Path Analysis of Campus Walkability/Bikeability and College Students’ Physical Activity Attitudes, Behaviors, and Body Mass Index

Tanya M. Horacek, E. Dede Yildirim, K. Kattelmann, O. Brown, C. Byrd-Bredbenner, S. Colby, G. Greene, S. Hoerr, T. Kidd, M. M. Koenings, J. Morrell, M. D. Olfert, B. Phillips, K. Shelnutt, A. White

Research output: Contribution to journalArticlepeer-review

19 Scopus citations


Purpose: The purpose of this study was to assess the relationship between the walkability/bikeability of college campuses and students’ body mass index (BMI) with student physical activity (PA) attitudes and behaviors as potential mediators. Design: Cross-sectional. Setting: Thirteen university campuses. Participants: A total of 1384 student participants. Measures: Walkability/bikeability environmental score (ES): 12-item audit assessed an average of 44 path segments per campus. Students were measured for height and weight and completed online surveys. Physical activity stage of change/behavior intentions were assessed using the transtheoretical model. The Cognitive Behavioral Physical Activity Questionnaire assessed outcome expectations, self-regulation, and personal barriers. International Physical Activity Questionnaire assessed walking-, moderate-, and vigorous-intensity PA. Analysis: Descriptive statistics, zero-order correlations, and path analysis with maximum likelihood estimation. Results: The overall model fit was good with χ2 of 171.388 (df = 18), P <.001, comparative fit index value of.95, and a root mean square of approximation of.079. After controlling for gender, there was a direct negative association between walkability/bikeability ES and BMI (β = −.085) and positive association between personal barriers and BMI (β =.134). Walkability/bikeability ES was positively associated with walking-intensity PA (β =.010). Self-regulation was positively associated with moderate-intensity PA (β =.213), which, in turn, was negatively associated with BMI (β = −.057). Conclusions: The ease of walking and biking on a campus was related to college students’ walking behavior and their BMI. Students’ PA behavioral intentions were associated with moderate PA and lower BMI. These results provide evidence to focus on policies and structural supports for walkable/bikeable environments to supplement and enhance interventions encouraging individual behavior change for PA and weight management.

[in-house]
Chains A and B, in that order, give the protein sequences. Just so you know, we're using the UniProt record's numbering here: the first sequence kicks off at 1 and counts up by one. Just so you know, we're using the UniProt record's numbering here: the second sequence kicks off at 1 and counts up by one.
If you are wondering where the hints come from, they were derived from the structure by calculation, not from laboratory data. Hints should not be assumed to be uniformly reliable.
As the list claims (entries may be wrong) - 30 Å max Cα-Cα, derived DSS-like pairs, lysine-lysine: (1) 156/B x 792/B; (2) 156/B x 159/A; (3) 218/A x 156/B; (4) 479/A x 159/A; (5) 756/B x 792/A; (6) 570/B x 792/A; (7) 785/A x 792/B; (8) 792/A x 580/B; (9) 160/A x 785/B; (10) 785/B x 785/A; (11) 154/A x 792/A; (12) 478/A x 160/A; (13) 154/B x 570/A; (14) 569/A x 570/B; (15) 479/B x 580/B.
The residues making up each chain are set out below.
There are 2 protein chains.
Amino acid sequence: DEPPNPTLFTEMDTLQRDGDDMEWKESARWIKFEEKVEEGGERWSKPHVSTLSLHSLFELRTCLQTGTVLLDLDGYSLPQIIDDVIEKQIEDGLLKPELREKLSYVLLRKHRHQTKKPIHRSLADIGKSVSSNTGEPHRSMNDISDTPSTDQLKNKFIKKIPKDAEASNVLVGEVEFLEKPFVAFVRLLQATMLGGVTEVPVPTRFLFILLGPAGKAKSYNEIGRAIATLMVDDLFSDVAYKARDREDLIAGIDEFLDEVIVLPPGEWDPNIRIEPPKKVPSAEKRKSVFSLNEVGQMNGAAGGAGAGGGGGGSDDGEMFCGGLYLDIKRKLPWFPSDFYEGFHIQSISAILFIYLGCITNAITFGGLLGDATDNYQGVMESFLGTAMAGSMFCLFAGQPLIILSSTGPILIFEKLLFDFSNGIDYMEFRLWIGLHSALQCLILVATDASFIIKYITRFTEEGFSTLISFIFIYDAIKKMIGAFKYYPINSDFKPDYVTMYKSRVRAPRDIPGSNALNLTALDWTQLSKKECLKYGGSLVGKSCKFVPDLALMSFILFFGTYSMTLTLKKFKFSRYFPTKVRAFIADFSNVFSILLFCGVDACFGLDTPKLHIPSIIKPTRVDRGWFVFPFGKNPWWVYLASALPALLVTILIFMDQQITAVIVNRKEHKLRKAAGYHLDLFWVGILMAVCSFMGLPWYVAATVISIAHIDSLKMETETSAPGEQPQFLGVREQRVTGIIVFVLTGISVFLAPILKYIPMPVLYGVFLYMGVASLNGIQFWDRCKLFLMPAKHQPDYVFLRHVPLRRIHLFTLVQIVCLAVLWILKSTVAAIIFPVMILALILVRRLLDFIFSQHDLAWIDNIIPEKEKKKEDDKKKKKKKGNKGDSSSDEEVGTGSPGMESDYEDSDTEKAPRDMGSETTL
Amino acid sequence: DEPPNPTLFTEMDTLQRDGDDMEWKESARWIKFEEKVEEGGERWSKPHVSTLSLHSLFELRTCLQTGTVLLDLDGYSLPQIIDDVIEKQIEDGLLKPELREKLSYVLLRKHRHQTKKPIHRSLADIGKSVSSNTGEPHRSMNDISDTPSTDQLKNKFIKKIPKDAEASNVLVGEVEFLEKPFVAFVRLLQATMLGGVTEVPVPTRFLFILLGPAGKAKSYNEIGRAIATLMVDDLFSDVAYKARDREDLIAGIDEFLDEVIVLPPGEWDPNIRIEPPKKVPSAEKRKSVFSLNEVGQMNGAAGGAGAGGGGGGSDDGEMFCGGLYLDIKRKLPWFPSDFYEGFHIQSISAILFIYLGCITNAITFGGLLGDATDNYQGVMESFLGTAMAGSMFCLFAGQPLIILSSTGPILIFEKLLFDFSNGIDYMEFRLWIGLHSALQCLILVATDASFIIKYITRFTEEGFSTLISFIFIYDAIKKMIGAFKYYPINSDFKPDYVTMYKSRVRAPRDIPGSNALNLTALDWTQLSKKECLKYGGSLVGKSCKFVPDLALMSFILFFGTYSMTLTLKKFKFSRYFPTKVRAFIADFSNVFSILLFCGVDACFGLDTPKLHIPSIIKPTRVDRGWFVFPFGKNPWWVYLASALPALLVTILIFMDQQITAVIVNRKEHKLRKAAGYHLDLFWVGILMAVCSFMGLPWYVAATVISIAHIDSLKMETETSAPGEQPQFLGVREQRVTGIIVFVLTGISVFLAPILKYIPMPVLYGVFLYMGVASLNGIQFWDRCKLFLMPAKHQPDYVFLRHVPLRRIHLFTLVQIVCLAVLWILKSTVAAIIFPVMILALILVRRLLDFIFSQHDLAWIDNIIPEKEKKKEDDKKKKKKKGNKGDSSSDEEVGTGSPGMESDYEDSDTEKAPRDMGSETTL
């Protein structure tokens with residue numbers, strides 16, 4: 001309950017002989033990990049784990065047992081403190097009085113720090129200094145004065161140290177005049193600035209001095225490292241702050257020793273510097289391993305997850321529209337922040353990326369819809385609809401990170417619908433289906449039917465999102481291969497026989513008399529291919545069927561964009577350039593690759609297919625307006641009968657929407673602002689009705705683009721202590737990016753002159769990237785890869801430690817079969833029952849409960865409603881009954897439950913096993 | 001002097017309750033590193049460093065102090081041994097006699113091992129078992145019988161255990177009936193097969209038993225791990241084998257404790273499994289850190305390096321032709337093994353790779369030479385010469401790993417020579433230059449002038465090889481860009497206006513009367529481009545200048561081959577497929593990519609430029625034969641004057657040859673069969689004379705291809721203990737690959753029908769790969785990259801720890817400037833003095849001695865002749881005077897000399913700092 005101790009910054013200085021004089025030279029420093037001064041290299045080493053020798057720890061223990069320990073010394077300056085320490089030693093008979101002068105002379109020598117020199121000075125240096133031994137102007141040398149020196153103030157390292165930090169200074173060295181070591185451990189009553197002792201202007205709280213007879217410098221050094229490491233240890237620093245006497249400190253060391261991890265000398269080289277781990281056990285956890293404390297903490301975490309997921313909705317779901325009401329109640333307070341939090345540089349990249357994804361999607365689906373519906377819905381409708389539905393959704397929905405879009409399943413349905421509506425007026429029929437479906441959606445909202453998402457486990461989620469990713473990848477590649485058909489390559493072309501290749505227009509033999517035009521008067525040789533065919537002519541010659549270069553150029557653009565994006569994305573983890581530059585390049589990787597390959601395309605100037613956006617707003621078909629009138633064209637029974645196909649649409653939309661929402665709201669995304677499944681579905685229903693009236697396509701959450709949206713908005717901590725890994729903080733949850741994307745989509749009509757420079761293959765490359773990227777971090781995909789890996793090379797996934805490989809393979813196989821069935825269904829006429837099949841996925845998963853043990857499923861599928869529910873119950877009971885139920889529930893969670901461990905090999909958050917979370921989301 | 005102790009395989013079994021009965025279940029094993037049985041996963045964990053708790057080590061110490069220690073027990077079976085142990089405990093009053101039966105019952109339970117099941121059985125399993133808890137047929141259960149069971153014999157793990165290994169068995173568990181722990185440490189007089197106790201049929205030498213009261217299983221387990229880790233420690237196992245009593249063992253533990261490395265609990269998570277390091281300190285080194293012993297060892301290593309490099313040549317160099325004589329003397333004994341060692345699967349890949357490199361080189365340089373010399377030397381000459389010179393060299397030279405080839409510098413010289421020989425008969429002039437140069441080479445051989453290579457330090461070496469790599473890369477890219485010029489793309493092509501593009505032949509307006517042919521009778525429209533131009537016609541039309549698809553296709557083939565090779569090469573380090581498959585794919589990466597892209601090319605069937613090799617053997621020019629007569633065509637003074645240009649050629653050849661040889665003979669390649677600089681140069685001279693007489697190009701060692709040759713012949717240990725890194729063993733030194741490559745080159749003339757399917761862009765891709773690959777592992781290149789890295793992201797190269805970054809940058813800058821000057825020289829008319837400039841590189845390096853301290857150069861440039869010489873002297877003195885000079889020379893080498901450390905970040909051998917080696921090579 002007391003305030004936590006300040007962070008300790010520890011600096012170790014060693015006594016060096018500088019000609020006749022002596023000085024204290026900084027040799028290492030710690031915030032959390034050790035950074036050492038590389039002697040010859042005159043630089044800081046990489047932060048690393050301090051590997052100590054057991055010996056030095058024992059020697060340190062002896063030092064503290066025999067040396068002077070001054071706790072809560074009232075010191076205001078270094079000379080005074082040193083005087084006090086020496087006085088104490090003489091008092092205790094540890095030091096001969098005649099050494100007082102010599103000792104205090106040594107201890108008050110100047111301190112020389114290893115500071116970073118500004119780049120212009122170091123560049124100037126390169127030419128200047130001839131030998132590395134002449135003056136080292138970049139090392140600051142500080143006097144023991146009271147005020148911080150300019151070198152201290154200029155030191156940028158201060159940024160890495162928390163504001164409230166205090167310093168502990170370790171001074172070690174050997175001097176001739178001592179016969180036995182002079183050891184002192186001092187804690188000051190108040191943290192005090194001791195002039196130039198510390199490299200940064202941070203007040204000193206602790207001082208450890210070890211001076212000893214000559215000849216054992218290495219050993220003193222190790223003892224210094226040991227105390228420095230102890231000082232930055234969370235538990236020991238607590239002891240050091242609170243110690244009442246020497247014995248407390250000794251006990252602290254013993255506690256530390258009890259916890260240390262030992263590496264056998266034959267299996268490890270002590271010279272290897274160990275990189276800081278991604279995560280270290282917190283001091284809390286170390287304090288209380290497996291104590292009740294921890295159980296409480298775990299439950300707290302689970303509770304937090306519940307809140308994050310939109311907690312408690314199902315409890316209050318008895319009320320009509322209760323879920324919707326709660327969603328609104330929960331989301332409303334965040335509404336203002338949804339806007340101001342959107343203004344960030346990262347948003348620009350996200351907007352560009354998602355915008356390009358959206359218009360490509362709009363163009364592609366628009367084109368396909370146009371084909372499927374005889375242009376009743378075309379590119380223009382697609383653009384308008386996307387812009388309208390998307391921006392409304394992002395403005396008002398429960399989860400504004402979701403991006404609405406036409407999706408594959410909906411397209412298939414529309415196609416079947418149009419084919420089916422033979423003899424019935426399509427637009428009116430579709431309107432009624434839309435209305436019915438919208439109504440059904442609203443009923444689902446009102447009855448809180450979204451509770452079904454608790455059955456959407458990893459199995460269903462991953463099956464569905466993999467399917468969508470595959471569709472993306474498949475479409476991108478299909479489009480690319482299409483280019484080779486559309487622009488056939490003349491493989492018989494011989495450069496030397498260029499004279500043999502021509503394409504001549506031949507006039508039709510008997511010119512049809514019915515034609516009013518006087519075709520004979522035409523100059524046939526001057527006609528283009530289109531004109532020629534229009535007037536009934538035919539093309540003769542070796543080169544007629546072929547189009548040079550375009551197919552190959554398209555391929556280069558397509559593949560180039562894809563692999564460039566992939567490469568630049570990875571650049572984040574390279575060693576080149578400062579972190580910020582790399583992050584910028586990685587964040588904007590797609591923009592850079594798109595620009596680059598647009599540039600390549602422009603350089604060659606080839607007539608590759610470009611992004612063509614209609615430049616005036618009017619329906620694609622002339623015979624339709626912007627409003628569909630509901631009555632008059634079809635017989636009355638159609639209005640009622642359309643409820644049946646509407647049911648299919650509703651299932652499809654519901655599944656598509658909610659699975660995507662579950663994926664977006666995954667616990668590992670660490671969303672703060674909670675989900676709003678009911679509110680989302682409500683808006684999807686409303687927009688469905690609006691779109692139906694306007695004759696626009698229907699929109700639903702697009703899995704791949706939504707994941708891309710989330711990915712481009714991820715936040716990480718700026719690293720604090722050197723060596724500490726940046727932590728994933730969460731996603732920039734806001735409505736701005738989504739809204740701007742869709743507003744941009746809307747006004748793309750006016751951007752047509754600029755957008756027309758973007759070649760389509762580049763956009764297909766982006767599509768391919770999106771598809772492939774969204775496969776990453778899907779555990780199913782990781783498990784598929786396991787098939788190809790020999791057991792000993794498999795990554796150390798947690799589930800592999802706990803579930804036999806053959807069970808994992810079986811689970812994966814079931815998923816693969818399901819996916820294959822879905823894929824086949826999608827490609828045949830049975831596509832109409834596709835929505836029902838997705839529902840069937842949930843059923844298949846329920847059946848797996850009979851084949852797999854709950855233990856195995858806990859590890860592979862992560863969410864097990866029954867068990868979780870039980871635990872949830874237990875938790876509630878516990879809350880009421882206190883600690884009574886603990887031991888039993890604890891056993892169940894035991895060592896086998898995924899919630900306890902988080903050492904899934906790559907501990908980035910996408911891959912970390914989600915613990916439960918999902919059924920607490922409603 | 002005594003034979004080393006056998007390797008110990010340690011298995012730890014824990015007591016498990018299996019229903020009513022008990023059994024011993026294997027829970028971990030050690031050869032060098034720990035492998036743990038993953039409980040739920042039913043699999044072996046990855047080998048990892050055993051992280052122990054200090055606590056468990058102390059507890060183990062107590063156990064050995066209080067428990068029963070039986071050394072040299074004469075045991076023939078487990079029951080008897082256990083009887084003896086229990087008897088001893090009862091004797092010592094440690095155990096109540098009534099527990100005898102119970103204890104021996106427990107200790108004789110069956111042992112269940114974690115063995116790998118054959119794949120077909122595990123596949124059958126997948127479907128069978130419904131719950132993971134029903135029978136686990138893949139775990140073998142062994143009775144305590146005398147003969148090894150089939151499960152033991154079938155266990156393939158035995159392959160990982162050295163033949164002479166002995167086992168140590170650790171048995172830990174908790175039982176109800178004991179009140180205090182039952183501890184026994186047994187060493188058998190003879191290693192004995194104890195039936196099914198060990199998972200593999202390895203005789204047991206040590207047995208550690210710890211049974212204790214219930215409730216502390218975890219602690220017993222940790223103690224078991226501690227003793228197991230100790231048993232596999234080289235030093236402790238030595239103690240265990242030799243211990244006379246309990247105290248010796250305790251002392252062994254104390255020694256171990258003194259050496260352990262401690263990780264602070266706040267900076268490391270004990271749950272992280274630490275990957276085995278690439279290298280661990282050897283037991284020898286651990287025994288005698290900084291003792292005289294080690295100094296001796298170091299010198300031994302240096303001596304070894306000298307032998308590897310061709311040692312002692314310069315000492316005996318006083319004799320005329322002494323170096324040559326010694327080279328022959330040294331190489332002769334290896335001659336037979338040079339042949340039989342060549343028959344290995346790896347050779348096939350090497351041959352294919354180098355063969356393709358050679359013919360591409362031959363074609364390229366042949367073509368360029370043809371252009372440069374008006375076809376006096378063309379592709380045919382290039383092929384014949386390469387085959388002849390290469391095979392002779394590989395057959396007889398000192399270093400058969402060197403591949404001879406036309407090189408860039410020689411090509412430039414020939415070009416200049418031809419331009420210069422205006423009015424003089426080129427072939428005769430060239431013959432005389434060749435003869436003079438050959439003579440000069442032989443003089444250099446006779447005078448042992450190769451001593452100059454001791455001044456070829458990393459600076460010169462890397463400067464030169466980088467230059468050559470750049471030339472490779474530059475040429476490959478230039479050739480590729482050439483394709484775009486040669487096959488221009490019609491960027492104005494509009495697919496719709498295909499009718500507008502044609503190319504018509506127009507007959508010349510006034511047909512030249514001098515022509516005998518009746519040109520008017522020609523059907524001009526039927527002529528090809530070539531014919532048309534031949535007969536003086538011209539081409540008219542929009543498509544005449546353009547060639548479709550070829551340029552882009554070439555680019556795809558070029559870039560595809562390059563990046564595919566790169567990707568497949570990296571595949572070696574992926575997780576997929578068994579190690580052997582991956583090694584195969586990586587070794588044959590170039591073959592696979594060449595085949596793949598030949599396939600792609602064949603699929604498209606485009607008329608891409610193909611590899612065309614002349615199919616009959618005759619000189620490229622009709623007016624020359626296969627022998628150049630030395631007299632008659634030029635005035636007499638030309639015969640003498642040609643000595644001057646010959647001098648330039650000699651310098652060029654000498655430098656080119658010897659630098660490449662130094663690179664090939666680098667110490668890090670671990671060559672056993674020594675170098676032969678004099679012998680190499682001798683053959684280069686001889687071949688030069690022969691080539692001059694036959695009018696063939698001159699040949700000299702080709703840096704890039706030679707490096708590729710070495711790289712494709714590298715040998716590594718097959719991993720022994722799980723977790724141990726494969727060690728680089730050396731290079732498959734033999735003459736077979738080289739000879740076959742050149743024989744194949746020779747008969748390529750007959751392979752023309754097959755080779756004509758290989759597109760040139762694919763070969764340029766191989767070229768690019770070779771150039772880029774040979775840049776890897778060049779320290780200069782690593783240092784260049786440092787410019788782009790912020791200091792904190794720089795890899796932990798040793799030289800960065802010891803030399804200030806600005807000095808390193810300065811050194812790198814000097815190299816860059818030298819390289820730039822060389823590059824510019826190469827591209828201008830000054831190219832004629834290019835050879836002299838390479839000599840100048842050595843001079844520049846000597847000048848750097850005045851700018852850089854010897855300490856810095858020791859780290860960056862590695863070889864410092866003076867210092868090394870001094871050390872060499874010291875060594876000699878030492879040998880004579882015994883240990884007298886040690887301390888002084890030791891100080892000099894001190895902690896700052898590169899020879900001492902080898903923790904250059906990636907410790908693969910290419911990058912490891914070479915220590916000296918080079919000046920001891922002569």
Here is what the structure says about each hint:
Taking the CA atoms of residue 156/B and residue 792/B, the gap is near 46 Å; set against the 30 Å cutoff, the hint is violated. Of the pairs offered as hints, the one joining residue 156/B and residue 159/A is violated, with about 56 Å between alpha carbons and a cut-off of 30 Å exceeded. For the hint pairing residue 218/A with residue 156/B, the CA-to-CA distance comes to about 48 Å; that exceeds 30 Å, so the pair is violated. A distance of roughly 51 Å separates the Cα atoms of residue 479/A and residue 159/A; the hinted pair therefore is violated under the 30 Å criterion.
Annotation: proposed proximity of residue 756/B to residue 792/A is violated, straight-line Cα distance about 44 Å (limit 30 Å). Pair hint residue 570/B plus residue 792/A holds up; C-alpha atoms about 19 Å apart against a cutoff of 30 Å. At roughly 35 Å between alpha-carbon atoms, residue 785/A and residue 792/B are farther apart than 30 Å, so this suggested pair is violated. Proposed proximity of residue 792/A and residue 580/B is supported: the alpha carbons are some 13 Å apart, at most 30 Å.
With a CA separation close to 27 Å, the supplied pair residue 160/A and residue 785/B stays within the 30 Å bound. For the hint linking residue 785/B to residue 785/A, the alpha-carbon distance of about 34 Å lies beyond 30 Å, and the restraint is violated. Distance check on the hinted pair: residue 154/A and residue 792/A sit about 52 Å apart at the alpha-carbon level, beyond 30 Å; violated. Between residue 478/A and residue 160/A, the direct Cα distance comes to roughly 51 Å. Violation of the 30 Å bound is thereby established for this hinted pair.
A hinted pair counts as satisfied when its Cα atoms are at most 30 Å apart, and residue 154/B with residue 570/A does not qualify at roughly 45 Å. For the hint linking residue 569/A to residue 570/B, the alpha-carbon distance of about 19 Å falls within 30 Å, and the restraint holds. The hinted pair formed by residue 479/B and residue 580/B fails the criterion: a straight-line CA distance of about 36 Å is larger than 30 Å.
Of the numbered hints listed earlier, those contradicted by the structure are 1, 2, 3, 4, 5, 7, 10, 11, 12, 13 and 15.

Original languageEnglish (US)
Pages (from-to)578-586
Number of pages9
JournalAmerican Journal of Health Promotion
Issue number3
StatePublished - Mar 1 2018


  • built environment
  • college students
  • fitness
  • supportive environment
  • weight control

ASJC Scopus subject areas

  • Health(social science)
  • Public Health, Environmental and Occupational Health


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